Bill Would Change New Jersey Casino Self-Exclusion Requirements

A proposed bill could save gamblers some self-admitted shame by removing a requirement that anyone signing up for the list state that they have a gambling problem. Advocates say the simple change would take away some of the stigma of signing up for self-exclusion.

A bill that has cleared a New Jersey State Assembly committee would lift a requirement that gamblers signing up for New Jersey’s casino self-exclusion list admit that they have a gambling problem.

Gamblers in the state can voluntarily sign up to be excluded from New Jersey casinos or to be blocked from gambling online in the state. But to do so, gamblers have to attest that they have a gambling problem.

The bill would waive the gambling problem admission.

Advocates for problem gamblers say the move will take away some of the stigma of signing up for the list.

“Our concern was that some people would not be comfortable with the labeling,” said Donald Weinbaum, head of the state’s Council on Compulsive Gambling to the Associated Press. “We should not put up barriers for anyone who wishes to self-exclude. The terminology is really important. We have heard from a number of community members who questioned why they need to label themselves, or give any reason at all to self-exclude.”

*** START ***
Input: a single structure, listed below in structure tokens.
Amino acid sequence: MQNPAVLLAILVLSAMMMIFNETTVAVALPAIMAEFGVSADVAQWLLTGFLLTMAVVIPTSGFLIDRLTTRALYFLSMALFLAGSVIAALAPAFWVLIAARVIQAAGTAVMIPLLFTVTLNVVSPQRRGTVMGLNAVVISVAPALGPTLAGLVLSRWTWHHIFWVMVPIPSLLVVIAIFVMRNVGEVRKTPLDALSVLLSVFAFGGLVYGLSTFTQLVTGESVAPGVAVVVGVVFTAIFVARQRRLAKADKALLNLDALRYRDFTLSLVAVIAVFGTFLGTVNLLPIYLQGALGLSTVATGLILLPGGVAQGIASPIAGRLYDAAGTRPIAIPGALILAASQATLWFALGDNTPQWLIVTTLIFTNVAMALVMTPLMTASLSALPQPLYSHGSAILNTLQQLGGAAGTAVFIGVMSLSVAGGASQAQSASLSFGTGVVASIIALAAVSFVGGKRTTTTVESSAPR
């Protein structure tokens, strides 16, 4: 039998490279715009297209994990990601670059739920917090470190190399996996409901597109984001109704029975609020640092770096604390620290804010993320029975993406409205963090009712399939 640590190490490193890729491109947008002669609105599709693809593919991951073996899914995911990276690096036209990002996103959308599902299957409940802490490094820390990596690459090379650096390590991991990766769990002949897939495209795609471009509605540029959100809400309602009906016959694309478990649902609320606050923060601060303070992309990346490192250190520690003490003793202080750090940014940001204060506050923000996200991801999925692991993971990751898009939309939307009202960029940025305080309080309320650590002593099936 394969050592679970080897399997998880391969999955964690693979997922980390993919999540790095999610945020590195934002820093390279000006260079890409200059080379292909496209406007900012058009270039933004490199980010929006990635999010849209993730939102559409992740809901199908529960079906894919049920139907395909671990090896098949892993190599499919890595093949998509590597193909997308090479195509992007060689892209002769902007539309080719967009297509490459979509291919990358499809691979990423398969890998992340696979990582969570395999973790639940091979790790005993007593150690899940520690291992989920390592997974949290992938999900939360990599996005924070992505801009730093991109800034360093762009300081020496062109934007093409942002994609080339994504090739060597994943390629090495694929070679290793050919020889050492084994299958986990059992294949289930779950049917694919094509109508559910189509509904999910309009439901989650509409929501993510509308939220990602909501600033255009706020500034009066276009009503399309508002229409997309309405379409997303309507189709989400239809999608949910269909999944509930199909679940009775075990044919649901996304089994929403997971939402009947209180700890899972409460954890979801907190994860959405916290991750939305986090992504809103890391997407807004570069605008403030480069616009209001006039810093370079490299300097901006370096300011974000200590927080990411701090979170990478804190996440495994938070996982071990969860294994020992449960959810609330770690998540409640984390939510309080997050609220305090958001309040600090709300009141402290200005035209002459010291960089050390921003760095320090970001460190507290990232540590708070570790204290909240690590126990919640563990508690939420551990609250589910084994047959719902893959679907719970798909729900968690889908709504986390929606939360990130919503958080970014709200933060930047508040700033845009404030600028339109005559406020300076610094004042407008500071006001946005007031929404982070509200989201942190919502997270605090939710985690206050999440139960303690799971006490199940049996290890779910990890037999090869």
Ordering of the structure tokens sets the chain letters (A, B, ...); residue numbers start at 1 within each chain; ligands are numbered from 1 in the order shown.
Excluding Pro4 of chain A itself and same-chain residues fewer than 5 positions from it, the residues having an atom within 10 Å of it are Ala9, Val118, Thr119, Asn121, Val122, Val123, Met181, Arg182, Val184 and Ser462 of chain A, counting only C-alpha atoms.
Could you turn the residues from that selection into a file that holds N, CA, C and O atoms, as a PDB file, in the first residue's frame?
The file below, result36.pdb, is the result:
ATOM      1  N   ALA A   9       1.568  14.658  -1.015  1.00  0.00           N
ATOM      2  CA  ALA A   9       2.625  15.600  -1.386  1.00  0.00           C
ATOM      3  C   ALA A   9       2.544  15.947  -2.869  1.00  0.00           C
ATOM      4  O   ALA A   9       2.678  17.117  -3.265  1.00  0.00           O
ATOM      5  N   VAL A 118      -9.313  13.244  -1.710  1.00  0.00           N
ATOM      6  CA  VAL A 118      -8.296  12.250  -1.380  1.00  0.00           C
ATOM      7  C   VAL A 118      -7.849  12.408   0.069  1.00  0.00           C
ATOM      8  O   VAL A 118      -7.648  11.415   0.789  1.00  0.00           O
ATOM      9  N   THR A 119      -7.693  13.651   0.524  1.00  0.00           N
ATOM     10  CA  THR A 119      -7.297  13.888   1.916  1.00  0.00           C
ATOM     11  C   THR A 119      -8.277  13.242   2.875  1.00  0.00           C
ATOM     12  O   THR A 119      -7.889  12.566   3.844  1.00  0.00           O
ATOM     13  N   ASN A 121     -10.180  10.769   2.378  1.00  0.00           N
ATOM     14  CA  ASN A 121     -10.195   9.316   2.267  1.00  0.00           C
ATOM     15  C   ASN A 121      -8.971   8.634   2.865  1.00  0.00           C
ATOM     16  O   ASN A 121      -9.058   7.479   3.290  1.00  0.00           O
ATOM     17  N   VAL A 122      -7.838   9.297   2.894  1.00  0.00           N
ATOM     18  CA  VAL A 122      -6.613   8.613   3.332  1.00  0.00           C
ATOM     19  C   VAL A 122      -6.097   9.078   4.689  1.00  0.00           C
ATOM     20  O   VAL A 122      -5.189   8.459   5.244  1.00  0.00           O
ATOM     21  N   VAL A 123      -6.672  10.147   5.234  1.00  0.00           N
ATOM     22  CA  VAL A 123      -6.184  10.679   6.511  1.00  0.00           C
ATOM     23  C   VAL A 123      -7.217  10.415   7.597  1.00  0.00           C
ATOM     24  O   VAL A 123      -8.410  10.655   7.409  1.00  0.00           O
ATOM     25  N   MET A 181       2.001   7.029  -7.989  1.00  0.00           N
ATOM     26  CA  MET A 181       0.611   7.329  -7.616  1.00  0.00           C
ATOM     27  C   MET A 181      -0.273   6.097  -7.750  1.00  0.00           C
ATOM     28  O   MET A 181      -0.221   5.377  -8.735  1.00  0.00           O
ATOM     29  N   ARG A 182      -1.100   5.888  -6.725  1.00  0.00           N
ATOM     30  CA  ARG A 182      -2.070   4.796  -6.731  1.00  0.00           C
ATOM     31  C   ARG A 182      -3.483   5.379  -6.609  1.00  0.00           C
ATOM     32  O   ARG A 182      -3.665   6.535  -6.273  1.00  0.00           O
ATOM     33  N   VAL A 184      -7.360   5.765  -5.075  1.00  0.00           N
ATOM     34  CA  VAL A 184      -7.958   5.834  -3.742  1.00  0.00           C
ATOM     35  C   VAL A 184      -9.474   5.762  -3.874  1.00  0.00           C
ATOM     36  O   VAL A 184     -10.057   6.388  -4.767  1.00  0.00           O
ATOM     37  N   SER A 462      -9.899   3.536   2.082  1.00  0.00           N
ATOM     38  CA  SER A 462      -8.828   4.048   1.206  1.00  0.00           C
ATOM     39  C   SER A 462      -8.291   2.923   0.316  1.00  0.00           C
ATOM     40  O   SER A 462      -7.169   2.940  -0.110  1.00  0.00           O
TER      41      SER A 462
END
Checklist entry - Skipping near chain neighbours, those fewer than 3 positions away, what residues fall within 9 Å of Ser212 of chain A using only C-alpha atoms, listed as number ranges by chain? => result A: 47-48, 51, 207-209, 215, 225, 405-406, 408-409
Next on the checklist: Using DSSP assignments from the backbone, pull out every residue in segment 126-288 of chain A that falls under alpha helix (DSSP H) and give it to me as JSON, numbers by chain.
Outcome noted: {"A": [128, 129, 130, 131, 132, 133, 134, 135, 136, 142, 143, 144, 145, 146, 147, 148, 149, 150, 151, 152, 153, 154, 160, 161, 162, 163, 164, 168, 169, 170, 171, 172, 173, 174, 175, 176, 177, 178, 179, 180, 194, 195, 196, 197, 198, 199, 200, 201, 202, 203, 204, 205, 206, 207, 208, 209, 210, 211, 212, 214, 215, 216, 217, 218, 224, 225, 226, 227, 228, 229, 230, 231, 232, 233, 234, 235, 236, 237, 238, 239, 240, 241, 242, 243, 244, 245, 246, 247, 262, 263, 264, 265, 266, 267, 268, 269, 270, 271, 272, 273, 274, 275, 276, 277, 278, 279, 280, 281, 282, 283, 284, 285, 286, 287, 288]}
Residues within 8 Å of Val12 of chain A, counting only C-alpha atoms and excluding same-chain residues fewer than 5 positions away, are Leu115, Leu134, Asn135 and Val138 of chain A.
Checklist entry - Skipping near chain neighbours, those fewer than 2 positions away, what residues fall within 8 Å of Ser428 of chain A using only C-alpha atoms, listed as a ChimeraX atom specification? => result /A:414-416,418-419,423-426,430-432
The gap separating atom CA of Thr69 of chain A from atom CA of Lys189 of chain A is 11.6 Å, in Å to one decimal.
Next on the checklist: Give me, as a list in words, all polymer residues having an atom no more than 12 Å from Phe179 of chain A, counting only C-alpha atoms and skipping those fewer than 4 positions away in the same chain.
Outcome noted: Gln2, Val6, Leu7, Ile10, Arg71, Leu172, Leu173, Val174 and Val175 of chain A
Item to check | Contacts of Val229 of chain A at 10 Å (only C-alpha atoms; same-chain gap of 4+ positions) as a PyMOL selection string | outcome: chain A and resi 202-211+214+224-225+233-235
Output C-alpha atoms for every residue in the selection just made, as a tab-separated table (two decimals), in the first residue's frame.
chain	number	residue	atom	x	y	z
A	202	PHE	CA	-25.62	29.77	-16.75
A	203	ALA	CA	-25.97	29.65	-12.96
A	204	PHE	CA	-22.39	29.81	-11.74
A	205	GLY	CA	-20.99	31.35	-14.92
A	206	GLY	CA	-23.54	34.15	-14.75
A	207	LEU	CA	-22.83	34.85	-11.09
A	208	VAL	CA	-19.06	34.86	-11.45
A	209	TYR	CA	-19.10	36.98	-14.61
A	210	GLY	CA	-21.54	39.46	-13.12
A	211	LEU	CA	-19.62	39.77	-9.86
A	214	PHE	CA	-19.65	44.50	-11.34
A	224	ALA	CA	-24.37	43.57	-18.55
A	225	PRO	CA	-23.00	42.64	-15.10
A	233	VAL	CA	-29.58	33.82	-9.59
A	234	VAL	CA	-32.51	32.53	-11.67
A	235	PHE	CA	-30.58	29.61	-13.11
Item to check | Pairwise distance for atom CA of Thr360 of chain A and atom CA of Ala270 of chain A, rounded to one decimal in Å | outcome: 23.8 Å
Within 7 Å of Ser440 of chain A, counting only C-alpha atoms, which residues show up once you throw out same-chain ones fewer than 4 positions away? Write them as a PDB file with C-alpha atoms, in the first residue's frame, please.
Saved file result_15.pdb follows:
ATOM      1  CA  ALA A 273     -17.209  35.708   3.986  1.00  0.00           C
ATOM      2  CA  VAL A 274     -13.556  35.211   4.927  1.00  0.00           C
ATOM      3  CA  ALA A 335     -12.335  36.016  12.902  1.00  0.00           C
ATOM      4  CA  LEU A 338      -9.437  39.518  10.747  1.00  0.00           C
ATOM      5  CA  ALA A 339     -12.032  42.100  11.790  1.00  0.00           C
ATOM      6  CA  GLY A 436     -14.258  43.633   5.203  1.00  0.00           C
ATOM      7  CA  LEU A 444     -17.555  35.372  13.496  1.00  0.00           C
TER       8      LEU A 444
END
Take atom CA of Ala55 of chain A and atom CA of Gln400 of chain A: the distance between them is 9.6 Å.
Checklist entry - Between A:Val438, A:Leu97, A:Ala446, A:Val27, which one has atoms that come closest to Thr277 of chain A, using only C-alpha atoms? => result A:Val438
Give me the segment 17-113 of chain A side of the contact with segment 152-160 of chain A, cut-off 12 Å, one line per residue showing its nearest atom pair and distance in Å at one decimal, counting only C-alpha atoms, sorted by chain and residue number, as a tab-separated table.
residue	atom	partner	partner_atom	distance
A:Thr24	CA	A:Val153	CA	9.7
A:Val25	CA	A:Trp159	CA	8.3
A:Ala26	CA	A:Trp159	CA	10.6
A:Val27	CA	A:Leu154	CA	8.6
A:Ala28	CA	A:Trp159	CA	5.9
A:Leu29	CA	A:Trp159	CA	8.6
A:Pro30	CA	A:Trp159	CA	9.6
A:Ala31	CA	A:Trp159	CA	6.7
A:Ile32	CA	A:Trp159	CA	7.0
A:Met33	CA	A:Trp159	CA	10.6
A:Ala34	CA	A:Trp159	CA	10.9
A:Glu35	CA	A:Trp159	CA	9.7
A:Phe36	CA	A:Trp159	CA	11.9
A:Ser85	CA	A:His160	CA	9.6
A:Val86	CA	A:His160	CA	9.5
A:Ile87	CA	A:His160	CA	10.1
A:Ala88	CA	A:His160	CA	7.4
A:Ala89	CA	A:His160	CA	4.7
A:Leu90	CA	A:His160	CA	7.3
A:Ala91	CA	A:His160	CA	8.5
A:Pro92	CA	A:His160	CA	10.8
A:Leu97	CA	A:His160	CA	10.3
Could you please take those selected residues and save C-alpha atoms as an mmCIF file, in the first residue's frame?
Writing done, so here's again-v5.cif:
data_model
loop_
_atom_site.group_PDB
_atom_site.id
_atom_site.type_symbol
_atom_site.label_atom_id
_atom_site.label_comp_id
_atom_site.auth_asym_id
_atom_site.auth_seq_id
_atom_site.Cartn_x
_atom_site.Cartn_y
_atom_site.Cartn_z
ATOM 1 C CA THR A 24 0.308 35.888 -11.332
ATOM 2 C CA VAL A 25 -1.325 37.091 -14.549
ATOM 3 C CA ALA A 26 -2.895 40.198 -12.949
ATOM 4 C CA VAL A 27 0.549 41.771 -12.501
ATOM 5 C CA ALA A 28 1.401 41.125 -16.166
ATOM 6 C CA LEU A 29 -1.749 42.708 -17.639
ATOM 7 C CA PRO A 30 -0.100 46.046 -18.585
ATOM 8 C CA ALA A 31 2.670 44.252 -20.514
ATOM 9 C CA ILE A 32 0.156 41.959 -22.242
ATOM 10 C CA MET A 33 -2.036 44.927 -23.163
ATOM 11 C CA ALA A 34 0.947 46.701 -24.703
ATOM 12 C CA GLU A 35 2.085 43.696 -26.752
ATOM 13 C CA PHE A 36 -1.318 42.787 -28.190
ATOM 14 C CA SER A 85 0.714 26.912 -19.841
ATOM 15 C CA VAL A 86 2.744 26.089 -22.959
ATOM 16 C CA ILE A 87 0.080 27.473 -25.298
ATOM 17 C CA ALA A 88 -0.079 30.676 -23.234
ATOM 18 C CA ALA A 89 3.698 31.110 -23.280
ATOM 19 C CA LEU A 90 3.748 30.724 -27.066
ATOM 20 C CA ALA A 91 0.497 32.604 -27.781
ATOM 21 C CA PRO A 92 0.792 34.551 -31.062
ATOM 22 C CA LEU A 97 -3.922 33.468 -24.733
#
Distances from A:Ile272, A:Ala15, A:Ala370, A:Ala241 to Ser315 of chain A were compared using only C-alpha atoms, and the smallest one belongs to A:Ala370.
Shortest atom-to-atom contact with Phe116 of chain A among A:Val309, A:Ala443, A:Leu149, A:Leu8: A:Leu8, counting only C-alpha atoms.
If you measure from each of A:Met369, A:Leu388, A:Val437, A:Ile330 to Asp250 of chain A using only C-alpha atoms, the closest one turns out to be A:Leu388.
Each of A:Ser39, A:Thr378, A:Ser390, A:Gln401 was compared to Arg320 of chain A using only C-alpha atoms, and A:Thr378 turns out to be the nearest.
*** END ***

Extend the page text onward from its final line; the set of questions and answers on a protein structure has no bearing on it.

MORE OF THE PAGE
New Jersey currently has 1,575 names on the self-exclusion list. Those signing up can choose to be excluded for one year, five years or for life. Names on the list are not made public.

The bill was cleared by the state Assembly’s Tourism and Gaming Committee.

“Admitting on a document that you are a problem gambler is a step many New Jerseyans may not be ready to make, even if they are confronting their problem,” said Assemblyman Ralph Caputo, an Essex County Democrat who is chairman of the committee. “Many may feel that document is a stigma that can be used against them, but with this option, they are getting some help without having to make that potentially embarrassing admission.”

The bill now goes to the full Assembly.

The same Assembly committee also advanced a bill requiring casinos to put cameras in every stairwell, including parking garages. The cameras must provide casino security staff with clear and continuous visual monitoring and recording of all activity throughout the stairwell at all times, the AP reported.